Most people have a natural aptitude for either words or numbers – although there are rare beings who are equally good at both!
If your child struggles with numbers then they’ll be reluctant to tackle maths homework. That means that you’re going to be cast in the role of the wicked ogre as you insist they do that homework.
What can you do to help them get to grips with maths?
Encourage them to use maths every day:
- Take them shopping and see if they can work out the change when you pay small amounts – or, for smaller children, what coins they should be offering to pay for small items. This will help them with basic adding and subtraction – and also to ensure they are careful with their money.
- If they want something expensive get them to save up with their pocket money. Encourage them to put together a plan of how much they can save each week and how long it will take them to get to the total they need. You might also encourage them to think about how they could earn extra money (cleaning cars, mowing lawns, etc.) and how many jobs they would need to do to reduce the saving period – and by how much. You could even offer to ‘match fund’ their savings if they reach their target by a certain date.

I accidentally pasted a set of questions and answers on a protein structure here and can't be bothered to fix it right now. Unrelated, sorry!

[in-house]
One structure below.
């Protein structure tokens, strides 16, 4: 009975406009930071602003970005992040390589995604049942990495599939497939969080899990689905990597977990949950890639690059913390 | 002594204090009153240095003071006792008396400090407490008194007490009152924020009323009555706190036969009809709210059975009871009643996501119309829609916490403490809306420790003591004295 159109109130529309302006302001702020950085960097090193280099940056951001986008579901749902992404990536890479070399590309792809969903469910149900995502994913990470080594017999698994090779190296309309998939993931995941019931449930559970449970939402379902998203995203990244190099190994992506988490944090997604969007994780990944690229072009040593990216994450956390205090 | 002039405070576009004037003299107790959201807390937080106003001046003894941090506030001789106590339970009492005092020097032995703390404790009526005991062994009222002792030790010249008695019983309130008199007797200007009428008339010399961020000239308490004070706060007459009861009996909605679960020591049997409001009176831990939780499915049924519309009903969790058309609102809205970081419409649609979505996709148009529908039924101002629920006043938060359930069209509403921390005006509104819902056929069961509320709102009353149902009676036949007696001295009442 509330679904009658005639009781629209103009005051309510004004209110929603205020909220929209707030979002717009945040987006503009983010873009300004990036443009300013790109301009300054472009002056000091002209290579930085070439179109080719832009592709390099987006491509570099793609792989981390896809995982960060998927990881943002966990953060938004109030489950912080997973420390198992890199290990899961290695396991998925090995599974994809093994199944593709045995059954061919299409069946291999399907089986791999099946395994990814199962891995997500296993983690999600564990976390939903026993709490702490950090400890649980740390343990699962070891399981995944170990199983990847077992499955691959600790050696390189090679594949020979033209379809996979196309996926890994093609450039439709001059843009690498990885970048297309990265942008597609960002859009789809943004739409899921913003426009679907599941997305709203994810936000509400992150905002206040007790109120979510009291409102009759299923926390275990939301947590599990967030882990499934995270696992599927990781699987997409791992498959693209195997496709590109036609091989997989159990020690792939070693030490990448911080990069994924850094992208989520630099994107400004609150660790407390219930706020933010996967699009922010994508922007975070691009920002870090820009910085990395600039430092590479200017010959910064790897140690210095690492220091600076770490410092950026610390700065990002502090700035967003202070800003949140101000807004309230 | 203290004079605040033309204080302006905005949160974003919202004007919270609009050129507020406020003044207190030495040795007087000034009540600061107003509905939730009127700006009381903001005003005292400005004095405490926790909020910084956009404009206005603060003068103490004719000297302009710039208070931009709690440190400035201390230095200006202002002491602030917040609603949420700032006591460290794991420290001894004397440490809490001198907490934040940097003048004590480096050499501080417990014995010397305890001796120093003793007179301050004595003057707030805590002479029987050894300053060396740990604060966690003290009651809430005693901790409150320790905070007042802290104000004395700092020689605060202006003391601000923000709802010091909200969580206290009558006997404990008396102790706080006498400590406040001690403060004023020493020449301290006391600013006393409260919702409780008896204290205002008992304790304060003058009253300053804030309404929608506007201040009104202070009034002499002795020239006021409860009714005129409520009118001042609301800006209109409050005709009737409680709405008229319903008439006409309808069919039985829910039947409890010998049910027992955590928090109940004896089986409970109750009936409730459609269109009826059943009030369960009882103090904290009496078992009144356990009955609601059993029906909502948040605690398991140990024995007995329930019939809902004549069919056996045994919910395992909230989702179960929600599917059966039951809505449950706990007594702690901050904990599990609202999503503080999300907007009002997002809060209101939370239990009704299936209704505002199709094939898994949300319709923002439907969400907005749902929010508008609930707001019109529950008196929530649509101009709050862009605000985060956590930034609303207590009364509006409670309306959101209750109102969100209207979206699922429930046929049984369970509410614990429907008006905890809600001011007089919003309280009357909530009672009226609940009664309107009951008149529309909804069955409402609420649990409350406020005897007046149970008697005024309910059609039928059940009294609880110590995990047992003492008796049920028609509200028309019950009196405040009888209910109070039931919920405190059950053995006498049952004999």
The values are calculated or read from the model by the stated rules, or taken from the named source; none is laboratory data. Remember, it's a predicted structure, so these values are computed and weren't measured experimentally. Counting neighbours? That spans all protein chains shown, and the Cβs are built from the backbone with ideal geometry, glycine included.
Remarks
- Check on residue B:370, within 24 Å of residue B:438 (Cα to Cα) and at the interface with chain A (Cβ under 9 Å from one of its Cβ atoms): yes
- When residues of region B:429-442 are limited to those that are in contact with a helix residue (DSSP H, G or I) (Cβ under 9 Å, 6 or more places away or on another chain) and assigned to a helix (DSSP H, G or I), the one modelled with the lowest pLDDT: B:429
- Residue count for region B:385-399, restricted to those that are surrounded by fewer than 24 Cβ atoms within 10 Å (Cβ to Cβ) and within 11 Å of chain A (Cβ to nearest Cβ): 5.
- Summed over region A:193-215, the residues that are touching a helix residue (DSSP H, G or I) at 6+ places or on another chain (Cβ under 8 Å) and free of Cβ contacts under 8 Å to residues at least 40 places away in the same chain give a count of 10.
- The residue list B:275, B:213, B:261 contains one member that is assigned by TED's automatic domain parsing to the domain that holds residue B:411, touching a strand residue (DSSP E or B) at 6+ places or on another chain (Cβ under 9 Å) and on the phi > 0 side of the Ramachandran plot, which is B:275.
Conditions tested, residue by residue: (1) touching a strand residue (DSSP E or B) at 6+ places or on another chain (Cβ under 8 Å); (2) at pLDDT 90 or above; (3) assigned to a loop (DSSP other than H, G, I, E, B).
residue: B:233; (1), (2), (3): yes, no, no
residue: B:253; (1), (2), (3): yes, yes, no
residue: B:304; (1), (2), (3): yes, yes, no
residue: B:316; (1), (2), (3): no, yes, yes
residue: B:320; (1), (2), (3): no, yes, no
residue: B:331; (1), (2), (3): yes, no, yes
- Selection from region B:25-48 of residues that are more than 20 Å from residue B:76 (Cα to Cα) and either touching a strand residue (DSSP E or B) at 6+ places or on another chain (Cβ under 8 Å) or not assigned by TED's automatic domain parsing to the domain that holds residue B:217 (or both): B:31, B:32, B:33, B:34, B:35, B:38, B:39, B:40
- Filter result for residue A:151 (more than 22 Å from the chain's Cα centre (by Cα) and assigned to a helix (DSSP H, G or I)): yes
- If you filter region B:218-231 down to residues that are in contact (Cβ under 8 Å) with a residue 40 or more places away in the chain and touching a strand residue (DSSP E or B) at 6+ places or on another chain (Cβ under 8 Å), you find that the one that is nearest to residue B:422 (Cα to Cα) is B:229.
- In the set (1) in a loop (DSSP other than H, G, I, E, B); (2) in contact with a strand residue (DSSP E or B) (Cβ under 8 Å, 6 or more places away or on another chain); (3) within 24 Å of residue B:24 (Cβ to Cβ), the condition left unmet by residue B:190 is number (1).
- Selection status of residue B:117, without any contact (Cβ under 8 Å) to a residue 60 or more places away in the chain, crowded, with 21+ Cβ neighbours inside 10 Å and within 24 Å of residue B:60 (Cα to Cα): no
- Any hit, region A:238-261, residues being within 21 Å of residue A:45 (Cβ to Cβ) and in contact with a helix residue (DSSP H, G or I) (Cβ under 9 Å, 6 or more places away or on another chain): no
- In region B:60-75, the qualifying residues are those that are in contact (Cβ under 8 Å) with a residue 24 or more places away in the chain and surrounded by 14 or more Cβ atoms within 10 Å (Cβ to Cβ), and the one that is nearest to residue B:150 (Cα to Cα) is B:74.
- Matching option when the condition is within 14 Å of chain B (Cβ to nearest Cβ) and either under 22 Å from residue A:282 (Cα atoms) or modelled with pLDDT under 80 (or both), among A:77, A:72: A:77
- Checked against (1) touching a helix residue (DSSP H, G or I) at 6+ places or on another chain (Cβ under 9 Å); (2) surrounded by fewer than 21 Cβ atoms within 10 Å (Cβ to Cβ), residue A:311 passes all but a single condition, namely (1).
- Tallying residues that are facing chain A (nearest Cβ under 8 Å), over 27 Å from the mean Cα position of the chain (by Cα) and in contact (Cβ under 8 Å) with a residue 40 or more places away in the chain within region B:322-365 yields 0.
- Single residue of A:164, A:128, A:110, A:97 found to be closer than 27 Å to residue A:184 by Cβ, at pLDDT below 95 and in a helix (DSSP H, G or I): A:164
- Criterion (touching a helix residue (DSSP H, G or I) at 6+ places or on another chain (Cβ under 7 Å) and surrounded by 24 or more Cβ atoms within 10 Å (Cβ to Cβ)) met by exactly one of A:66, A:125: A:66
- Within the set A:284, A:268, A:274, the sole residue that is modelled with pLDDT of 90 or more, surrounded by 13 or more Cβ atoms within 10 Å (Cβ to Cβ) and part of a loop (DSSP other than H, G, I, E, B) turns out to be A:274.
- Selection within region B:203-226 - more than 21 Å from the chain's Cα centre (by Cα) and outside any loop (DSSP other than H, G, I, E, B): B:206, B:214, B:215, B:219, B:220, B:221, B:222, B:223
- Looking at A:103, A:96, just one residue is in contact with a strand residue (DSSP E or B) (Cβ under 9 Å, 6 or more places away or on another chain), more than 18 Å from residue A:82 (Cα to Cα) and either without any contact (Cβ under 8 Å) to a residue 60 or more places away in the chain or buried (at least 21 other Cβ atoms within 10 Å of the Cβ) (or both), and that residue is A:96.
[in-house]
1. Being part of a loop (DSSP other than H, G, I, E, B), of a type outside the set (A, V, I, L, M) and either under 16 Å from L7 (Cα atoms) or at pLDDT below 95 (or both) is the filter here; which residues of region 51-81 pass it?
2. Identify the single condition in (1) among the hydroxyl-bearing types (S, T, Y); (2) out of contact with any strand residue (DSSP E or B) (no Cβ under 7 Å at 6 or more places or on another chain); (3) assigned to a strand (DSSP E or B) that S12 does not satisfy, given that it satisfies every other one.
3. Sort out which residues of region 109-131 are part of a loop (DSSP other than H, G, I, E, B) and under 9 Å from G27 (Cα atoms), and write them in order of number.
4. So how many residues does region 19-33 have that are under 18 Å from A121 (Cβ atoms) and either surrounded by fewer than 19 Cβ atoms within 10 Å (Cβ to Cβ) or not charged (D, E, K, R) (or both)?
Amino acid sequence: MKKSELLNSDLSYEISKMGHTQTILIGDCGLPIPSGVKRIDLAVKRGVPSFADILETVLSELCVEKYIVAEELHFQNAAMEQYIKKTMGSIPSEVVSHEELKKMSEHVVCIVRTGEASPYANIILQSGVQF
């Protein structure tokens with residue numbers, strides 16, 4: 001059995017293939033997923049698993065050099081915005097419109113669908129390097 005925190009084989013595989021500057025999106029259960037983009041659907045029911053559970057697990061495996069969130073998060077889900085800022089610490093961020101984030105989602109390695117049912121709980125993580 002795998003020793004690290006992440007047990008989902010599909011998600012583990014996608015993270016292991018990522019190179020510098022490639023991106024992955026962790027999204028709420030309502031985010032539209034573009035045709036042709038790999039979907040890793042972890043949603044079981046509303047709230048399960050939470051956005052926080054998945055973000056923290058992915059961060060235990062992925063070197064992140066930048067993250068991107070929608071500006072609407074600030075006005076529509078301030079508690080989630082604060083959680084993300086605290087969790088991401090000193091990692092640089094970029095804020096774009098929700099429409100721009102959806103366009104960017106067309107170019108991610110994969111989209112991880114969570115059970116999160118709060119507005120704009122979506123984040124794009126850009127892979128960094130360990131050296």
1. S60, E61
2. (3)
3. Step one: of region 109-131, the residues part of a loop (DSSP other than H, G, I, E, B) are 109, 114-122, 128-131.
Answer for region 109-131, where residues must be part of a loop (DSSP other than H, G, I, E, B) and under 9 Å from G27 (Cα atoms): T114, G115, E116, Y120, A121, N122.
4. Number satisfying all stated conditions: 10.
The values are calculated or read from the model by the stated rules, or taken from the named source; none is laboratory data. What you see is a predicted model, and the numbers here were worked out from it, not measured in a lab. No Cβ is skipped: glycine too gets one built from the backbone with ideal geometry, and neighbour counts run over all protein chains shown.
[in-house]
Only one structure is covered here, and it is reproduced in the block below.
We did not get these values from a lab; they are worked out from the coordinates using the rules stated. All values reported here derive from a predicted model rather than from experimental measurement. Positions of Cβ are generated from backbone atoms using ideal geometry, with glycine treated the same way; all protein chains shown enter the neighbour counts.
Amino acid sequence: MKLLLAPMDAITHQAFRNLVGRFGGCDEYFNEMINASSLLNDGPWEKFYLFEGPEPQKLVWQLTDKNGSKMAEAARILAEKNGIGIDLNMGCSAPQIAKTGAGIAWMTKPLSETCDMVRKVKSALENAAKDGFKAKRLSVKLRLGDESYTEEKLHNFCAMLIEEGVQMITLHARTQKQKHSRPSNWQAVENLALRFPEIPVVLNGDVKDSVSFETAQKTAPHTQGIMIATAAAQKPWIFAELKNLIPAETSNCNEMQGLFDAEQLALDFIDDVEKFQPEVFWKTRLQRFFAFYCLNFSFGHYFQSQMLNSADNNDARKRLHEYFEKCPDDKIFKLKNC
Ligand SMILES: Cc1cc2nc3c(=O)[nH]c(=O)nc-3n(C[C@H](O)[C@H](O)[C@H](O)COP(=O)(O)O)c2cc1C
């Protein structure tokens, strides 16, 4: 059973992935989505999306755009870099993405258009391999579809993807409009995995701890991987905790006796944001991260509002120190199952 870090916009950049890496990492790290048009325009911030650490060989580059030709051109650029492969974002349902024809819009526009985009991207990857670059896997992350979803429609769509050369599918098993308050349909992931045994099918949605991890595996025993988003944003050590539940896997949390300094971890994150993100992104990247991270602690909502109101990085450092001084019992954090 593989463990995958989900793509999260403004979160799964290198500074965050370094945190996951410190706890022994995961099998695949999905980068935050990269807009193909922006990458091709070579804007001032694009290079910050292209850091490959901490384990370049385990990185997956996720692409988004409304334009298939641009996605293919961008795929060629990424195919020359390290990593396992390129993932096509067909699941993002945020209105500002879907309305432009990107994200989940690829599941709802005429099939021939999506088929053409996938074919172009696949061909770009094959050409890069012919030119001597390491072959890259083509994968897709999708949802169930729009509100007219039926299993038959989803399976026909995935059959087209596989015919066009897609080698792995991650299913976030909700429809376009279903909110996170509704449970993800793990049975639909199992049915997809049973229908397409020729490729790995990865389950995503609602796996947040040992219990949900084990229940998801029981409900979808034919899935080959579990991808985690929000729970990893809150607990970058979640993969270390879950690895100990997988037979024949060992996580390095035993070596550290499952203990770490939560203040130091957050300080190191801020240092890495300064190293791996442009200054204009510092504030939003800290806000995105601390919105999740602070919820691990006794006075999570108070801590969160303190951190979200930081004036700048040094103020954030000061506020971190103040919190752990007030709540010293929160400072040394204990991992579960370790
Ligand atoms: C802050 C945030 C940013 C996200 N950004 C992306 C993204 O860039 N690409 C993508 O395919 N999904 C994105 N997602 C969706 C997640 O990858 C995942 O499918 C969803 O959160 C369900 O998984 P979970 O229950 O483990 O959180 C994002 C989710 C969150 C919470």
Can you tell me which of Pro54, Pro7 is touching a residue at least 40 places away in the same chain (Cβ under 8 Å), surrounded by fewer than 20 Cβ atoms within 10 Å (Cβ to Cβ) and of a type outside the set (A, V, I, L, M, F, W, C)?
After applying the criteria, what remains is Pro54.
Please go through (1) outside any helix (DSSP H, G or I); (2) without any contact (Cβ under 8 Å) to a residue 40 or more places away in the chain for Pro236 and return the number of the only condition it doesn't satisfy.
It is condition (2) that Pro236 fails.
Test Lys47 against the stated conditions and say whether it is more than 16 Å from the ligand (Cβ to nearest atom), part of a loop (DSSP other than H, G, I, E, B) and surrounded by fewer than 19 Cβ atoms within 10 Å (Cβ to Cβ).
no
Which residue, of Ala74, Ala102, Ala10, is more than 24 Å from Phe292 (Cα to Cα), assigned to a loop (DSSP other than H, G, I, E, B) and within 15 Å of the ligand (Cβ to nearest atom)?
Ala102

- Get them measuring things. Will this table fit on that wall? How much space is there in the boot of the car – will that suitcase fit? How many metres of washing line will you need to restring the rotary drier? Learning to do basic calculations is a good basis for the more complicated stuff later.
- Ask them to calculate what time you’ll arrive at your destination if you’re travelling at an average of X miles an hour and it’s Y miles away (don’t let them use the satnav to tell them the answer).
You get the idea; we use numbers every day and if you don’t actually tell them they’re practising their maths skills they will be more likely to see it as just ‘helping Mum’ (or Dad) or a means to an end to achieve something they want.
Kids love is computer games. Get them doing tricks with numbers there are some great websites to send them to – here’s a couple to get them started.
Learning clever tricks is just another way to get them to feel comfortable with numbers (and will develop their mental arithmetic skills).